Saturday Spoof: The Good Book Programme

With more than a hefty nod and a wink towards Monty Python, here’s a piece without a lot of meaning, but hopefully might bring a smile, imagine if Moses had started writing Genesis as a spectator sport:

Welcome to this week’s edition of The Good Book Programme, and this week you find us out in the Egyptian desert where we hope to witness first time author Moses start his new book Genesis. There’s a good crowd here today, to see the start of what is rumoured to be the first in a series of five books. Global bestsellers, perhaps. We have a large crowd here today to witness the event, and yes, here he is now, Moses, looking cool and casual, rolling up his sleeves as he strides towards his desk, out here under a palm tree. The crowd applaud, there’s a buzz in the air, Moses gives a little bow, to the right, then the left, blushing a little as he does so, he’s a shy fellow. This eager expectant crowd are hoping for some exciting literary action here today. Something that will perhaps go down in history. Tickets sold out overnight. Not an empty seat in the terraces. Now, a hush settles over the place, Moses takes a seat, waggles his shoulders, purses his lips, settles himself and lifts his quill. Looks as if he’s going to begin straight away, out of the blocks immediately, no hanging about. And he’s off… there he goes, he’s approaching the first line, and… oh! But no – he’s merely sharpening his quill with his pen knife. The crowd murmurs, there is a little nervous laughter, he had them fooled for a moment. He waits for them to settle back down again. Lifts the quill, narrows his eyes, and… yes! Yes! He’s done it! He’s started! He’s off! And the first word is… ‘In’ it’s ‘In’ – it’s a preposition – and yes, straight away, he’s on to the second it’s – ‘The’ – ‘In the…’ Well Quentin, that’s very exciting, what do you make of that?

It’s a promising start, Methuselah, no surprises really, but we wait to see if it really goes anywhere. Aristotle attempted a similar beginning but it never really got legs. Tutankhamen had a go but ended up with a limerick. Those two words have been languishing in literary history for a while. Nice to see them being brought out, dusted down and employed at long last.

Let me interrupt you there, Quentin, because he’s now added his third word – it looks like… ‘Be’… ‘Be’… ‘In the be’ – can’t be right, the ref won’t accept that, surely, it’s grammatically off side. No, he’s adding more it’s actually ‘Beee…troot’ – ‘In the beetroot!’ Well, an odd beginning I’d say. Oh no, he’s crossed it all out. Oh dear, he’s getting up and pacing. The crowd is growing restless, they didn’t come here today to see a man go for a walk! If they wanted that they’d be at the golf. Wait a moment, he’s sitting down again, reaching for his quill again, oh dear, he’s put it behind his ear, not a good sign. Let’s hope it’s not writer’s block so soon in the day. Now he’s taking hold of the first page and he’s… oh he’s ripped it up! Now he’s leaning back in his chair, a bead of sweat on his brow. The concentration is palpable. He’s taking his quill from behind his ear… and balancing it on his chin. This’ll never do! One or two in the crowd seem rather impressed by this, but it won’t get the book done. And… yes… yes… he’s preparing to write again, the quill hovers in his fingers, forms a word. It’s ‘In’ again. And he’s adding ‘The’ this is old territory now… But he’s changed it to ‘On’… ‘On…’ On what? Oh he’s reaching for the Tipp-ex, never a good sign. The top is gummed up, he’s having trouble, the ref’s moving in and oh dear. He’s spilt it all over his robe. One or two of the crowd are staring to boo! Someone’s thrown on a copy of the Oxford Egyptian Hieroglyphics. But he’s off, he’s pushed the ref away and he’s writing again. Oh he’s gone back to ‘In’ for a third time… and added ‘The’ again! He’s back to ‘In the…’ In the what though? He’s writing again, the crowd is hushed, there is only the sound of the quill, this is clearly a big word, a deft manoeuvre. It’s longer than ‘beetroot’. ‘Beginning!’ It’s ‘Beginning’! Yes! He’s done it! A third word. At last. Just when the game seemed lost. ‘In the beginning.’ Certainly sounds like a start then Quentin.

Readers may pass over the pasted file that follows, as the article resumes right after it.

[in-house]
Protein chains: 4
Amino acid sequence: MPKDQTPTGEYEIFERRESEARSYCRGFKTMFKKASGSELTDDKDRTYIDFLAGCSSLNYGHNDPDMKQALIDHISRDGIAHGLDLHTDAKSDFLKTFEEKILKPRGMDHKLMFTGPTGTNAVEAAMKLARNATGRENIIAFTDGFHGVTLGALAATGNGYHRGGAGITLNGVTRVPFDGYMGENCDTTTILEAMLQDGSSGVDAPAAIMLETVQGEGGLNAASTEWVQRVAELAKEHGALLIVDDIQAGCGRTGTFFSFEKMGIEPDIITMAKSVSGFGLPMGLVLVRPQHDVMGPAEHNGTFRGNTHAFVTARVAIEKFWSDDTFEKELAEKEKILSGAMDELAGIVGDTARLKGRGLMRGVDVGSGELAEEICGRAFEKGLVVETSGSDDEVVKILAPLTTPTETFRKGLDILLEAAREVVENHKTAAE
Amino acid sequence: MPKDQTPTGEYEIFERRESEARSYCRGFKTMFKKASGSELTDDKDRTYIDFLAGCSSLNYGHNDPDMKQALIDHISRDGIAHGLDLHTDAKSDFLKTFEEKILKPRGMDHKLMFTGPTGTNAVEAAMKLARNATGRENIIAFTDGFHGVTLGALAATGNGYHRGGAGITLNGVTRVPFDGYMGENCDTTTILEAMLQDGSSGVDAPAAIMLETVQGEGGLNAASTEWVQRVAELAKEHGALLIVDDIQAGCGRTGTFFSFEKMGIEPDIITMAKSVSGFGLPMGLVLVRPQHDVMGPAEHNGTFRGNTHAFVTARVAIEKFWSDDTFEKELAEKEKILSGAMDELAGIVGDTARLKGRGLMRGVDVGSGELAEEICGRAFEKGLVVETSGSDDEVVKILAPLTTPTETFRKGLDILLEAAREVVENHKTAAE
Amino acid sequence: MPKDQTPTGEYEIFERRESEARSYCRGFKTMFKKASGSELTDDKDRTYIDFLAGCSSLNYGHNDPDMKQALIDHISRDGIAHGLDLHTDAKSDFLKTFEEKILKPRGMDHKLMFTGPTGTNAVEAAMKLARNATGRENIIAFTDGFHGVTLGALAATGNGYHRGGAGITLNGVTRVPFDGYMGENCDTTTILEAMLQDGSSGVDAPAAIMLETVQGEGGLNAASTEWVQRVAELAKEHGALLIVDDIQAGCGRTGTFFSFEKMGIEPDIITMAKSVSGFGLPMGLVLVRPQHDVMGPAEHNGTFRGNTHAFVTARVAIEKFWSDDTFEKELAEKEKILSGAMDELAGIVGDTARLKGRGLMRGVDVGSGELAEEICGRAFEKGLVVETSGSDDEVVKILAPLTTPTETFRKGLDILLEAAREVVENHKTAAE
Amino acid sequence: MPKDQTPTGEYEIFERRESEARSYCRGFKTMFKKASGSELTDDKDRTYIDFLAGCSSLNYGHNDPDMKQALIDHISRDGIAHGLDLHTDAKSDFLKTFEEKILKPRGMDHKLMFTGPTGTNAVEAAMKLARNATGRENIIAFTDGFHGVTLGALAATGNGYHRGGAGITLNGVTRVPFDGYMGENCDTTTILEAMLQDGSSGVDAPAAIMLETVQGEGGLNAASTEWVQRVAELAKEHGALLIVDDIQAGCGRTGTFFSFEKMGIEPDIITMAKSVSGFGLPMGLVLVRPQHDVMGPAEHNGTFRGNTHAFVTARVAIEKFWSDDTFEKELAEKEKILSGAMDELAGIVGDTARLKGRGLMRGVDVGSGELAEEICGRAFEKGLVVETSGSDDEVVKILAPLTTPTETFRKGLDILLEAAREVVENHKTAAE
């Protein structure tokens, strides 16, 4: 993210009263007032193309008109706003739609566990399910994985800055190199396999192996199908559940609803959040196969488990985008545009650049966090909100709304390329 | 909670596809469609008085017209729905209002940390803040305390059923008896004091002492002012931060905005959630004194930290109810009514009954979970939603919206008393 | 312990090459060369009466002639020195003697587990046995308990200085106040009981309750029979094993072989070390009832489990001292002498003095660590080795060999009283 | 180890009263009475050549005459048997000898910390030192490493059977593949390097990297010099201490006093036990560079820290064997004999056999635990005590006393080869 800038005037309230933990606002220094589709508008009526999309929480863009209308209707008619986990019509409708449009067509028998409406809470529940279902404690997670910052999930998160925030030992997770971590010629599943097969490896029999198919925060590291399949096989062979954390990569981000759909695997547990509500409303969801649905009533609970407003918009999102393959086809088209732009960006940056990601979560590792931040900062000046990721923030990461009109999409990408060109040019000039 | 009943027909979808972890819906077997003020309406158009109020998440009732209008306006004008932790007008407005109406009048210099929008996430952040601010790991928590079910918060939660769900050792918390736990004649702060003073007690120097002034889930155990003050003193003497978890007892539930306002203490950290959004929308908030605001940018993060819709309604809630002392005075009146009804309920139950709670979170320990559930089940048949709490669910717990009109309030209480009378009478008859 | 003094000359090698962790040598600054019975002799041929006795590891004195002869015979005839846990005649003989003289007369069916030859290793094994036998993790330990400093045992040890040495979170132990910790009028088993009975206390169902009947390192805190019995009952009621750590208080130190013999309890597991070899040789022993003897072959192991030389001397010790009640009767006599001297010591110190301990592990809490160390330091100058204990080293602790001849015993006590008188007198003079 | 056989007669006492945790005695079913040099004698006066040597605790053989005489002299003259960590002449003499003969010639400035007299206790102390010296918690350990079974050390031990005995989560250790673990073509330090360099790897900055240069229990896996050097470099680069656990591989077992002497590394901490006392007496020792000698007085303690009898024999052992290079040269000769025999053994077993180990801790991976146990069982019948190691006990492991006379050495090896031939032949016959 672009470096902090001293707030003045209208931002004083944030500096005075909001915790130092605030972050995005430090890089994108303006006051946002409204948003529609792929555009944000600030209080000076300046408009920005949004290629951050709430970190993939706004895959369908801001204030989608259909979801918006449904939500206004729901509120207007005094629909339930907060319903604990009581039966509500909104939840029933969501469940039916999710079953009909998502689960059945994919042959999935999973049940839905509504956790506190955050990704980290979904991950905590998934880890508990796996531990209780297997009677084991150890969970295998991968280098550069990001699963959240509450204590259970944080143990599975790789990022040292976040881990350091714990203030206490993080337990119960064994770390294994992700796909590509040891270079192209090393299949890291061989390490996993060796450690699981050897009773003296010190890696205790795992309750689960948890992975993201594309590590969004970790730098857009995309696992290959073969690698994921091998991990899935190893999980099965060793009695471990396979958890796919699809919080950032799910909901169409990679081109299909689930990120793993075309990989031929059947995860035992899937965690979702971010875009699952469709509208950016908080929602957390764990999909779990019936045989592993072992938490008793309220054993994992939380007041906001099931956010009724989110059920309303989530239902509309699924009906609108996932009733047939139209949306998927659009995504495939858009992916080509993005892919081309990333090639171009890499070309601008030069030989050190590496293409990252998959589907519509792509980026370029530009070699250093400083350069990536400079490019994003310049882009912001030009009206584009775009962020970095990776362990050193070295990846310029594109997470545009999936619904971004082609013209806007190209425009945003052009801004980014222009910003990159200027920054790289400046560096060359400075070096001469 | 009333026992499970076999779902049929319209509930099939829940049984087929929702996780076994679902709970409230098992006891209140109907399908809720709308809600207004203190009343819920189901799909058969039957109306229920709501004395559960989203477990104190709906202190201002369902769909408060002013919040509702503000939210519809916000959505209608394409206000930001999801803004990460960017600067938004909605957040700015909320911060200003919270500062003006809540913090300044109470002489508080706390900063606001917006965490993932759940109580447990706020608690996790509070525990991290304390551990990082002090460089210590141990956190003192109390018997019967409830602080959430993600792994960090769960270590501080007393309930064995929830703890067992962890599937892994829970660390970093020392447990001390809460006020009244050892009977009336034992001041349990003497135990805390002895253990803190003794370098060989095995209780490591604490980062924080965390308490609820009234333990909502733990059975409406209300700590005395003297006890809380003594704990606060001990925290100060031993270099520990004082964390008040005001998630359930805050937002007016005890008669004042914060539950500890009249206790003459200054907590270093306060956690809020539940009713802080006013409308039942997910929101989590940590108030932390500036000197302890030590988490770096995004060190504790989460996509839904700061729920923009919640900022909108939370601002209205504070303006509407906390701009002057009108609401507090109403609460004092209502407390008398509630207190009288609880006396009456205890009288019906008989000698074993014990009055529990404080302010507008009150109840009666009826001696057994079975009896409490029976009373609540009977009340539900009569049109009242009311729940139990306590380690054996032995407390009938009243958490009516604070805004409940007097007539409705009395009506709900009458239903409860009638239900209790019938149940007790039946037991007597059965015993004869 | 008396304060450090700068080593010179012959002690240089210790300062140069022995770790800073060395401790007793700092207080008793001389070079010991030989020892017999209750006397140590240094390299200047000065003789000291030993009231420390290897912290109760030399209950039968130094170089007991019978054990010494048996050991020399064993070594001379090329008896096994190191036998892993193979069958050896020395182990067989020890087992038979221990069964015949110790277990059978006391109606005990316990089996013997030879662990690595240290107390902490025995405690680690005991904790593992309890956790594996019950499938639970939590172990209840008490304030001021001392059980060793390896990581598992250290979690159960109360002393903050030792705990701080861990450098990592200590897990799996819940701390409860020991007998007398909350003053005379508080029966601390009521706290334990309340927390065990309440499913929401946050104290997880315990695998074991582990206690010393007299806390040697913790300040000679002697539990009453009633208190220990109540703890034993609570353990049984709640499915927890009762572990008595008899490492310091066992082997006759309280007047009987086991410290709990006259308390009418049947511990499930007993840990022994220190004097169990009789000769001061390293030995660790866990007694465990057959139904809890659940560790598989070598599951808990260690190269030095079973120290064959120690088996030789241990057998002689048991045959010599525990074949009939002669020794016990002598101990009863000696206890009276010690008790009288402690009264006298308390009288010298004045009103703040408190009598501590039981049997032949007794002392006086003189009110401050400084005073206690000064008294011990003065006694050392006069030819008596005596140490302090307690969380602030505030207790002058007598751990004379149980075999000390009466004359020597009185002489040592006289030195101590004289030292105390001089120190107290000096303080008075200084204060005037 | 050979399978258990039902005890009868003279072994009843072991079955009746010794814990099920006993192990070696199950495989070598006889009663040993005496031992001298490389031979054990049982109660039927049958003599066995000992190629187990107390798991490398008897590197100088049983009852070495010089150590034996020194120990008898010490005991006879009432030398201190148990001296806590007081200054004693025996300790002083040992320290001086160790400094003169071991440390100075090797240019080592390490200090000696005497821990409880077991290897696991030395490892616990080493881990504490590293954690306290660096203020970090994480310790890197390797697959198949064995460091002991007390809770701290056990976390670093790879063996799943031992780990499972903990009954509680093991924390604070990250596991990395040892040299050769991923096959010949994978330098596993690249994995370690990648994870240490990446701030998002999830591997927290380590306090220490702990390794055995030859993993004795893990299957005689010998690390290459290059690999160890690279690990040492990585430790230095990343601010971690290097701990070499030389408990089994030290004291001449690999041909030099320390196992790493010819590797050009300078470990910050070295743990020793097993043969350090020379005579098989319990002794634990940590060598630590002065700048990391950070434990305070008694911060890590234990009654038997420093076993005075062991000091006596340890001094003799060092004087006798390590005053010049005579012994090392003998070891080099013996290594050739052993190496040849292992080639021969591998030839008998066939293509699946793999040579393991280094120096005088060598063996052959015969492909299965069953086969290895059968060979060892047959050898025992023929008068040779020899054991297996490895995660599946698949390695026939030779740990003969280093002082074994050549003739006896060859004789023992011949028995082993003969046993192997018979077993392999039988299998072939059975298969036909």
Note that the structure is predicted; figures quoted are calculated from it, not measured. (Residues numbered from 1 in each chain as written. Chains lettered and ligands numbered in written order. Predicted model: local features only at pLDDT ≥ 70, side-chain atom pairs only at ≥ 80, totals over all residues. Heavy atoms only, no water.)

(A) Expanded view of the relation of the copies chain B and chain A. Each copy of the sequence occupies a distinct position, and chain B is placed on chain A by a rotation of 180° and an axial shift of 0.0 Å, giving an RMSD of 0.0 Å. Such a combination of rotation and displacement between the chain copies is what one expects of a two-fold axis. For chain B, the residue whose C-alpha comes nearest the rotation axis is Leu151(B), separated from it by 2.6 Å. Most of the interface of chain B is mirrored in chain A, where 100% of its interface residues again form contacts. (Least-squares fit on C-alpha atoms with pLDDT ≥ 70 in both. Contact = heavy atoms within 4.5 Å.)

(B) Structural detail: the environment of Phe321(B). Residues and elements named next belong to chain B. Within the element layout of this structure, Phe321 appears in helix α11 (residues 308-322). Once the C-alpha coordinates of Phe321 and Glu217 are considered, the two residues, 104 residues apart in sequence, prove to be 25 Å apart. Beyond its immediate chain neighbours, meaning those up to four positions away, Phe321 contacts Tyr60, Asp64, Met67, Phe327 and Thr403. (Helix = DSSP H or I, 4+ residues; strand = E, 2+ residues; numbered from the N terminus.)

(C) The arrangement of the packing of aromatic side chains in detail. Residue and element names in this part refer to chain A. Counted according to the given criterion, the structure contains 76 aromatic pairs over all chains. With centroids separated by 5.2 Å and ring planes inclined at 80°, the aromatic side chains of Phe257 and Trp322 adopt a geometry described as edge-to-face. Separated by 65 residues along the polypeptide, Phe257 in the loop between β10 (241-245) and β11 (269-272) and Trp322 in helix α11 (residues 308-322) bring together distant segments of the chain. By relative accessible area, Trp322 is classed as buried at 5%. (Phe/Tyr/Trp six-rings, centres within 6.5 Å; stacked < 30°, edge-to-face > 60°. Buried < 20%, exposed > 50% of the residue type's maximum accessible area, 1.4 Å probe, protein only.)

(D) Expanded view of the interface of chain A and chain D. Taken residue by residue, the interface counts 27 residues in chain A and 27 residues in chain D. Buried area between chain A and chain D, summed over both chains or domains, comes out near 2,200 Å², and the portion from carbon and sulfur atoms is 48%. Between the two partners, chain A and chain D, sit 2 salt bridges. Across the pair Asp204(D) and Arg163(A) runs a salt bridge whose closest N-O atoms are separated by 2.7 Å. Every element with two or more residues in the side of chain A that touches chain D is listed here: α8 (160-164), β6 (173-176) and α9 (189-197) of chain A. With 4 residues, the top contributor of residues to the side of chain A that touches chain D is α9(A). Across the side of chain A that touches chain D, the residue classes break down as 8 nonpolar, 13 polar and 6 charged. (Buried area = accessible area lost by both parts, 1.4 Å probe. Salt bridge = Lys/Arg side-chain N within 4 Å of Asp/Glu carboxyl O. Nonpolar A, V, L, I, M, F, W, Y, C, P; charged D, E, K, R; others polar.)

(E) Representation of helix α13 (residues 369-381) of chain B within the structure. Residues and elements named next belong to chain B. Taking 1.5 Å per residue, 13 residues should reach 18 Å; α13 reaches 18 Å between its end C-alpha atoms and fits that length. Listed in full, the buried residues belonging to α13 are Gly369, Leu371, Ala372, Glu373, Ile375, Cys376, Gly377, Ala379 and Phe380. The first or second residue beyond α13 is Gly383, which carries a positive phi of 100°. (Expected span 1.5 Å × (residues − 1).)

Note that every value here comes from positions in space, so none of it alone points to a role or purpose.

Yes, he could have gone for that old chestnut ‘Once upon a time’ or the classic ‘I dreamt last night I was back at Mandalay’ or even ‘In a galaxy far, far away’ but no, this is powerful. This is a statement, ‘In the beginning’ says it all, cuts to the chase, and so much better than ‘In the beetroot’, or even ‘In the bedsocks’ I was worried we might be heading there for a moment or two. There’s clearly no stopping him now.

Yes exactly and… oh – he’s stopped. He’s got his head in his hands, now he’s looking at the crowd, now he’s staring into the sky for inspiration. It’s all going horribly wrong. Oh wait! He’s taken up the quill again… oh no! He’s sharpening it a second time! Oh dear, it’s like The Iliad all over again. But no, he’s off again. And he’s on a roll! ‘In the beginning… God… created… the… heavens… and… the…’ Oh and that’s the ref’s whistle. We’re right out of time. Would you believe it, just as he was getting going. And now the crowd are starting to invade the pitch. Next week we’ll be coming to you live from a Corinthian tent where a young man called Paul will be composing his latest works, a couple of rather dense letters. But for now, it’s goodbye from myself and Quentin in Egypt, and over to Harold Hoover for the latest in the World Snail Racing championships, this year from Mesopotamia. Good night.

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